Three beautiful words: fresh handmade tortillas!
There are places nearby in Manassas that have the delicious feather light and thin machine made fresh tortillas, which are great. But the tortillas at El Garage are hand made (flattened with a tortilla press) and deliciously soft, like homemade. Each one is round but very slightly different from the other because of being handmade. No contest between these and the machine made ones.
Our table had tacos made with these gorgeous tortillas, and I had a huarache, so soft and fresh. As one would imagine, since they make great fresh handmade tortillas, the huaraches are also excellent.
More beautiful words: Lamb barbacoa, Mexico City style! This stuff is really seasoned just right, tender and unctuous from slow cooking, and is very slightly saucy from the red chile infused juices of the meat (not especially chile-hot, just perfect), and ready to be heated up with a salsa if you like. I tried it as the meat for my huarache.
I also had the beef tongue (in a taco), which was cooked to a great tender texture.
Anti-buffet people (typically me, but not in this case) will be put off by the meats in a buffet server at the front of the place. The thing is that these dishes (tinga, barbacoa, various guisos, etc.) are slow cooked for like 4-8 hours depending on the dish, and then served from the back of the kitchen like this in way in other restaurants, and you are only seeing it in front like this because they sell these meats by the pound and are displaying the meats for the customers. (Scale is right there, too.) This is typical in places that specialize in slow cooked meats by the pound, and you can see this frequently all over Mexico and in the states just to the north, both with both indoor and outdoor vendors. By the pound it comes with fresh tortillas and salsas. I think the display is good, too because with different regional styles of MX food that sometimes has the same name but is prepared completely differently based on where the restaurateurs are from, you can check out what you are getting visually before you order.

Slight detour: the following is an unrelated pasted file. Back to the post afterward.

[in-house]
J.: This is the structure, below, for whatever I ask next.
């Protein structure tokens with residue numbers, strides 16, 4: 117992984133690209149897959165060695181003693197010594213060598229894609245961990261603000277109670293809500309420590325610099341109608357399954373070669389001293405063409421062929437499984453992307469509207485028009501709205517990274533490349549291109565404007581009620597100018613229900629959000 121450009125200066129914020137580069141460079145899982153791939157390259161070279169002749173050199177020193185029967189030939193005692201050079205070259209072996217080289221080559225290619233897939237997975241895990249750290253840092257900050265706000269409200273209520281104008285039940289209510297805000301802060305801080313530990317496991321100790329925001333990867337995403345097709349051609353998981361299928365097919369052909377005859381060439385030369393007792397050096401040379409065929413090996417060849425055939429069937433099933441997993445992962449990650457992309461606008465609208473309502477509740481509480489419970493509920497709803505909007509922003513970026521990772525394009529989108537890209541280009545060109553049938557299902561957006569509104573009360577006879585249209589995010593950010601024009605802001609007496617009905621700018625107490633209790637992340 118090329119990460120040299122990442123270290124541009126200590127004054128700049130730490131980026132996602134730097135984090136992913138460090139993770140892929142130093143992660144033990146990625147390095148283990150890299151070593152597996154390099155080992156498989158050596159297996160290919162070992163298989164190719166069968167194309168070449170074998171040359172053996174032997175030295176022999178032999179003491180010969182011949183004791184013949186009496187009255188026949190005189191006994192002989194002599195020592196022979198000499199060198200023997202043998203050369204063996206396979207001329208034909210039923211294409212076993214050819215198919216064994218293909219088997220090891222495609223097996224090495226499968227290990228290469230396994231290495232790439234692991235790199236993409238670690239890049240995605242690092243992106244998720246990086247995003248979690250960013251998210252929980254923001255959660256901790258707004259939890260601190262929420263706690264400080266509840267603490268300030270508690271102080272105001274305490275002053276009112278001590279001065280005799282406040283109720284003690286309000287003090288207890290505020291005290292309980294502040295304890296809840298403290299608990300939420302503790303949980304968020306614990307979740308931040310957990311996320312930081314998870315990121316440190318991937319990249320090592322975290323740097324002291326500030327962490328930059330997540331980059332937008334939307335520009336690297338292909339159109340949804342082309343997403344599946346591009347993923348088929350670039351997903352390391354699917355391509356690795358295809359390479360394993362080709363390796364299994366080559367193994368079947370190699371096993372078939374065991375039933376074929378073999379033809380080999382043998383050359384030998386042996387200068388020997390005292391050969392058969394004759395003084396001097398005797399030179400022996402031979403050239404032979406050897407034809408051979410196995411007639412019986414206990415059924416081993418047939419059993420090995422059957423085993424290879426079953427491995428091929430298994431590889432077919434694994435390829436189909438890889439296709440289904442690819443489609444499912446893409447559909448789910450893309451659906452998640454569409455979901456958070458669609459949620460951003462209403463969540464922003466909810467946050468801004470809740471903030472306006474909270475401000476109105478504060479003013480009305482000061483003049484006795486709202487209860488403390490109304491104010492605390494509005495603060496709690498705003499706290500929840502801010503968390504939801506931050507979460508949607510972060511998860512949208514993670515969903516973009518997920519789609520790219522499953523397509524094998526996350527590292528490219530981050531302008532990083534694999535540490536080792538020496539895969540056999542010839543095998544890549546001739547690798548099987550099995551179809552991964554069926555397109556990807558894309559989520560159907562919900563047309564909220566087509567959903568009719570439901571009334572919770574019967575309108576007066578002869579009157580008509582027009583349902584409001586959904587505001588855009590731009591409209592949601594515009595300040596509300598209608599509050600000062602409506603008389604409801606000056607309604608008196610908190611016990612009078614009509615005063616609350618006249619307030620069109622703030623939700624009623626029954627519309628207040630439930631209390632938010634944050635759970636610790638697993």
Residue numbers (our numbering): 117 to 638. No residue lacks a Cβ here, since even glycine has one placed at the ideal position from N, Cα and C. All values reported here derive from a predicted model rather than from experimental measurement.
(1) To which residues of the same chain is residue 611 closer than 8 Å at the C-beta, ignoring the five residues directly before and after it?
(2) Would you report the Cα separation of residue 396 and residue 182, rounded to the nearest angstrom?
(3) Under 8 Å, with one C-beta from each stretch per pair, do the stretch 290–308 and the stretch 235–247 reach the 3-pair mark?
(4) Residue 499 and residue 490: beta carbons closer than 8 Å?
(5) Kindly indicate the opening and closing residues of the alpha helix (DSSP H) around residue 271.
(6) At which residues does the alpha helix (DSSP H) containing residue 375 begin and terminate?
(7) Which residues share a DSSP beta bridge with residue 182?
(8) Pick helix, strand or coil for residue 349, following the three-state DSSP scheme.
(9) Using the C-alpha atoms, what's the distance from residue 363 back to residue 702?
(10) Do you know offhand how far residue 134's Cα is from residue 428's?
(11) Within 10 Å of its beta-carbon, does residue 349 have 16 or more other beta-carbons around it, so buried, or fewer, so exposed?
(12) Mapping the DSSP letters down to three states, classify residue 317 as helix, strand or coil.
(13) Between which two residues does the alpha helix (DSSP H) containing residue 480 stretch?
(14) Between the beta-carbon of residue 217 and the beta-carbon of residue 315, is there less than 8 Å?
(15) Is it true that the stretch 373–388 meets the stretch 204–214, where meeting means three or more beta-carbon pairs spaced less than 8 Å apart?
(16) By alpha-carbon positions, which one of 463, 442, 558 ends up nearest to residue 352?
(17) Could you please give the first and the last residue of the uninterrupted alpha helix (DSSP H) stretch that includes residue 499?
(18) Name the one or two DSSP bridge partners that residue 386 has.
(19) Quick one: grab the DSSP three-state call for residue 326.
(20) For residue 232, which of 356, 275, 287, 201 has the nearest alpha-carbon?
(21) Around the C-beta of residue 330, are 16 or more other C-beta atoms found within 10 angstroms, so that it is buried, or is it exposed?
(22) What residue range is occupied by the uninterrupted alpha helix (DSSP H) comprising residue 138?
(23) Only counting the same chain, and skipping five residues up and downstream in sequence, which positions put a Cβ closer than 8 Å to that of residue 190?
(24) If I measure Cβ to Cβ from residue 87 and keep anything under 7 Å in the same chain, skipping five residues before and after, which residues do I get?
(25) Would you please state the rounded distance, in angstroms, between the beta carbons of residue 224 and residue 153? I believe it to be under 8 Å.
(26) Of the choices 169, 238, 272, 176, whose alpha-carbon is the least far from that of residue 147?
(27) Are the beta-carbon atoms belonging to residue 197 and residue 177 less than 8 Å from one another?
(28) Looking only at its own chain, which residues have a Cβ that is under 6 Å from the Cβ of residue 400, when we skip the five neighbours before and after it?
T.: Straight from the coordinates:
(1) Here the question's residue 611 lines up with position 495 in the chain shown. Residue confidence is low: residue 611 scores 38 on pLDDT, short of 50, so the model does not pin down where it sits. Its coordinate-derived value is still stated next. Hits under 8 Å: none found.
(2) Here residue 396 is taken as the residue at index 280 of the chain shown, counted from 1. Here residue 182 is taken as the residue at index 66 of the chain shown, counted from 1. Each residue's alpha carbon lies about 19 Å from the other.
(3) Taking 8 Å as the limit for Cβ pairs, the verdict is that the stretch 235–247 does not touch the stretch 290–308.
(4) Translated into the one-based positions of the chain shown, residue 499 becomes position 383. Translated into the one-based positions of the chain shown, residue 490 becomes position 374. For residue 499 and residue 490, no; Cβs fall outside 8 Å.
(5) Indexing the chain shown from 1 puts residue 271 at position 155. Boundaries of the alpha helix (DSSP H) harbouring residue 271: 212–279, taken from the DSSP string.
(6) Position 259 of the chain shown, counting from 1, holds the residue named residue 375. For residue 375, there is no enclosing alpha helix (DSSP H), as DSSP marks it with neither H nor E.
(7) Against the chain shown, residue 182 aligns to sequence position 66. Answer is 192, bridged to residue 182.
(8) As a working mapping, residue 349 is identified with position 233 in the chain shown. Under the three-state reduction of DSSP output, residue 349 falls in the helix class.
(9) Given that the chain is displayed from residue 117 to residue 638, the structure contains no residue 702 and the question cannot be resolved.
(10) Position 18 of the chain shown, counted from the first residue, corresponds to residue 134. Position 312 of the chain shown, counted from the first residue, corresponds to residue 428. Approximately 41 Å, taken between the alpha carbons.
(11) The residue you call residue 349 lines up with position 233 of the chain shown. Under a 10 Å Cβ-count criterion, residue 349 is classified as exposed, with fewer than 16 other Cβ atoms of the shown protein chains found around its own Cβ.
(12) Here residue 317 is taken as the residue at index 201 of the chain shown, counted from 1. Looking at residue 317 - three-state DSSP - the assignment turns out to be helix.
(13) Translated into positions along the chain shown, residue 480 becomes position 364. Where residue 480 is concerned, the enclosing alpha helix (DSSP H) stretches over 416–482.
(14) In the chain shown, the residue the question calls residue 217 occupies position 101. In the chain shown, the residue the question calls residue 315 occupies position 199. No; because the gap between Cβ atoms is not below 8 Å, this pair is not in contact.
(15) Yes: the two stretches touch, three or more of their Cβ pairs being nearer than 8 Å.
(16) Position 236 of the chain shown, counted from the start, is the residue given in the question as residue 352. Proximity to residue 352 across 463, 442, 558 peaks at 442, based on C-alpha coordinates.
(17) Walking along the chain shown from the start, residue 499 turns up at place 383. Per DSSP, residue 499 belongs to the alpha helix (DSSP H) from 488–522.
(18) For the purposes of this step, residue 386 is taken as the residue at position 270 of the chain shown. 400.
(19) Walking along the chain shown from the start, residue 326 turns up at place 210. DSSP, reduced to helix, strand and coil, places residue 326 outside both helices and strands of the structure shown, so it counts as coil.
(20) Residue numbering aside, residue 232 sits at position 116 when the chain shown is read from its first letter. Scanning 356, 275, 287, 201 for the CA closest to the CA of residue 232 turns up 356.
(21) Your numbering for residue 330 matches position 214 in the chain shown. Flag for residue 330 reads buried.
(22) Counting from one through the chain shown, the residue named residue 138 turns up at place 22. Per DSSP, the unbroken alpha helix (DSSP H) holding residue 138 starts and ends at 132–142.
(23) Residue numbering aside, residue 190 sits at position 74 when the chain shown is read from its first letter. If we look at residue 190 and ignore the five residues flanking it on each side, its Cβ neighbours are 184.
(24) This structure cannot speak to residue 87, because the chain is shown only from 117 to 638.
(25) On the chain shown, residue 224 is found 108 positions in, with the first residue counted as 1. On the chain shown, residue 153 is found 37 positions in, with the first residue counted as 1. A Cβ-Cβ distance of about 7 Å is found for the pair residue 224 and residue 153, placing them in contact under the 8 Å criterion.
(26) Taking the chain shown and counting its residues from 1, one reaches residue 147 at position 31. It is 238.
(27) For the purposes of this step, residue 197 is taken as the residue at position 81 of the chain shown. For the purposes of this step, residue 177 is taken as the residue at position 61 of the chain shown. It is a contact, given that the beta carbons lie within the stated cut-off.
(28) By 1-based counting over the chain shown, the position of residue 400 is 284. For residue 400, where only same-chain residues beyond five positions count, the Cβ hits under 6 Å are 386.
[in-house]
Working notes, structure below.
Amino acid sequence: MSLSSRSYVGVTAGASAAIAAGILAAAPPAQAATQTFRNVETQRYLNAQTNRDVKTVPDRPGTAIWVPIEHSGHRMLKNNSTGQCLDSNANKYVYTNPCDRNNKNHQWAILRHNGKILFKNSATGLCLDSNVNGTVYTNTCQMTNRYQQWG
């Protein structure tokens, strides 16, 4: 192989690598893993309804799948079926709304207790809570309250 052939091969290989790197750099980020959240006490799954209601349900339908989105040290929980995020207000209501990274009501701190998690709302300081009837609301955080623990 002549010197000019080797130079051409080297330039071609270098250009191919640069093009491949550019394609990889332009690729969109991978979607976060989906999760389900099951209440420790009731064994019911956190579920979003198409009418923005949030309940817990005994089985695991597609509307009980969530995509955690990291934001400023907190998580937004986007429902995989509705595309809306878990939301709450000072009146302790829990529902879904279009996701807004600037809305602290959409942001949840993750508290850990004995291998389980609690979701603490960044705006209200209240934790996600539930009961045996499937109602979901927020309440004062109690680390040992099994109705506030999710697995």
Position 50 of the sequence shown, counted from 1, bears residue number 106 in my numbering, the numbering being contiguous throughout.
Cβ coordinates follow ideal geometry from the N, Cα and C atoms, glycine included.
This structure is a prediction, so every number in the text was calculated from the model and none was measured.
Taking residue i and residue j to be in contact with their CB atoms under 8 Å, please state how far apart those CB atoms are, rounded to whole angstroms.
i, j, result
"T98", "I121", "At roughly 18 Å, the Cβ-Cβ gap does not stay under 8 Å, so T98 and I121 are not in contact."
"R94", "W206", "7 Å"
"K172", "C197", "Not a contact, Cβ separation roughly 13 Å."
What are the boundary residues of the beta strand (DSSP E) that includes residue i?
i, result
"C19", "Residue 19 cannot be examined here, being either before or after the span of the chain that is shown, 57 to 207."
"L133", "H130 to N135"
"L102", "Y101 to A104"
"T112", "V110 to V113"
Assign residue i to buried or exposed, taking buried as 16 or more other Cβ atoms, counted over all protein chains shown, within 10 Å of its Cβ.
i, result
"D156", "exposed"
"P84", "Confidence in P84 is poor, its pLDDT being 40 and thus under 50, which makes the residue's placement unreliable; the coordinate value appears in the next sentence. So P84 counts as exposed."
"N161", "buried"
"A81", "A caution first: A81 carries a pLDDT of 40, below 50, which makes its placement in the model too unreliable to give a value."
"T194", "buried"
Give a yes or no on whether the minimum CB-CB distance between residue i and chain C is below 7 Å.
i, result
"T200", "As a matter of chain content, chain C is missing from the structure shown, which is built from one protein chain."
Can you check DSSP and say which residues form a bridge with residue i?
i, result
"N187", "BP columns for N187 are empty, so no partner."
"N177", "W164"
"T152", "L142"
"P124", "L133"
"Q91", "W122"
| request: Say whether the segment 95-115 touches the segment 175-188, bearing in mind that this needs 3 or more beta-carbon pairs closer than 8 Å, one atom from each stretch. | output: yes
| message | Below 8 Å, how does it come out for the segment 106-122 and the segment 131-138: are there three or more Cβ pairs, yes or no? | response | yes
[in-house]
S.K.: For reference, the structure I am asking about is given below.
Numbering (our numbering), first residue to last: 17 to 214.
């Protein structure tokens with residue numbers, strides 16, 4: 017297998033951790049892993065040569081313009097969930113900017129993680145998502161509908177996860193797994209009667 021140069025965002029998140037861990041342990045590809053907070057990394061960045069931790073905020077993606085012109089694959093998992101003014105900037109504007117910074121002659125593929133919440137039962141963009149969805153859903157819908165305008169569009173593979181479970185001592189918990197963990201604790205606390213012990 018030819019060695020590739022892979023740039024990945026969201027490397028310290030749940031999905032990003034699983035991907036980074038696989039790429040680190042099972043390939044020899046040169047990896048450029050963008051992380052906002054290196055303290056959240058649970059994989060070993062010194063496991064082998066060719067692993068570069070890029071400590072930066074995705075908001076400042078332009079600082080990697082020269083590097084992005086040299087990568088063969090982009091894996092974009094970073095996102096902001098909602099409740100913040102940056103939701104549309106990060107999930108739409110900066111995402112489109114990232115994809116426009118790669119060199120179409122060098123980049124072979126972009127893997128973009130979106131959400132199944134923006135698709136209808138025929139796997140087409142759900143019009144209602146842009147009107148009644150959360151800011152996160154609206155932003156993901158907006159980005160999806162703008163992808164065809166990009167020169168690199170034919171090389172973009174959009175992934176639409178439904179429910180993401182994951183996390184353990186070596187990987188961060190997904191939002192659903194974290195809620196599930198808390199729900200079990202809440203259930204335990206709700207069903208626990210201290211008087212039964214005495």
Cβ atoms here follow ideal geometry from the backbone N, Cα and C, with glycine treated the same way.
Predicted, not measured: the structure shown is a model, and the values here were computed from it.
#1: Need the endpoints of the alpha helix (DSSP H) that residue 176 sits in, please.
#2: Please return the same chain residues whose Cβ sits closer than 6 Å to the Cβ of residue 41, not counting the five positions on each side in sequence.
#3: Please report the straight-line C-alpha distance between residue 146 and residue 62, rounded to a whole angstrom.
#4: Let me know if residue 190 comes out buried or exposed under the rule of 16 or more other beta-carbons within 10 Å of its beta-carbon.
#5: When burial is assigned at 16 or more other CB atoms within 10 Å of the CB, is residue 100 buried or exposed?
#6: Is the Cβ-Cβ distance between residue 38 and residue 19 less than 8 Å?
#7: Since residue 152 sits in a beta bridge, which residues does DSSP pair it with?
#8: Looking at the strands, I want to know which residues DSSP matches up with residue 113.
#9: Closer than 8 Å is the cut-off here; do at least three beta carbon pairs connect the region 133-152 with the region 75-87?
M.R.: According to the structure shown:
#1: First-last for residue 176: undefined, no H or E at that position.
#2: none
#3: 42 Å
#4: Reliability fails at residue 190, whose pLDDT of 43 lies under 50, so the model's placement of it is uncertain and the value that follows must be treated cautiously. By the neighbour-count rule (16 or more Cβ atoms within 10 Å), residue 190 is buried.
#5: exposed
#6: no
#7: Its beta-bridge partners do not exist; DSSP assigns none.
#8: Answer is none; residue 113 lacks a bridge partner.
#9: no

A co-diner had a carne asada taco. The meat was well browned on the flat grill. It was also tender.
My other co-diner had a quesadilla de queso: Corn masa cooked with the cheese folded inside so the cheese came out melting and oozing, and then covered with toppings. You can get these with any filling you desire. Highly recommended.
The salsas were good. One was chile de árbol, and the other was a type of salsa verde which tasted like it was just made of fresh green chiles and not the typical tomate verde/tomatillo one...not sure about that, though.
FYI if you are vegetarian or have a friend/partner who is and you want to try this place out together, they do not use lard in their beans and they have options like mushroom or nopales so you could eat plenty of stuff here without eating meat.
They also have tortas, chilaquiles, sopes, tostadas, and more. Awesome place. Unfortunately, they don't have any desserts. (There is a MX bakery in the same shopping center if you are dying for something sweet after, though.) The menu is pretty extensive, actually. Lots more to explore. I'd like to try the tinga de pollo next time. Since they specialize in slow cooked, soupy fare, I can only imagine the menudo would be good and I'd go back to check that out, too.
For three people, our meal came out to $17 total. They don't have a menu online, but you can see a kind of blurry menu on yelp if you zoom in.
Manassas seems to have loads of good MX places and I wish I could get there more often to do some more exploring. I also love Tortillería El Molino (awesome beef cheek barbacoa like we have in TX) and Taquería Tres Reyes (yet another style of barbacoa, this one of saucy goat). Like, one could go barbacoa hopping in Manassas!
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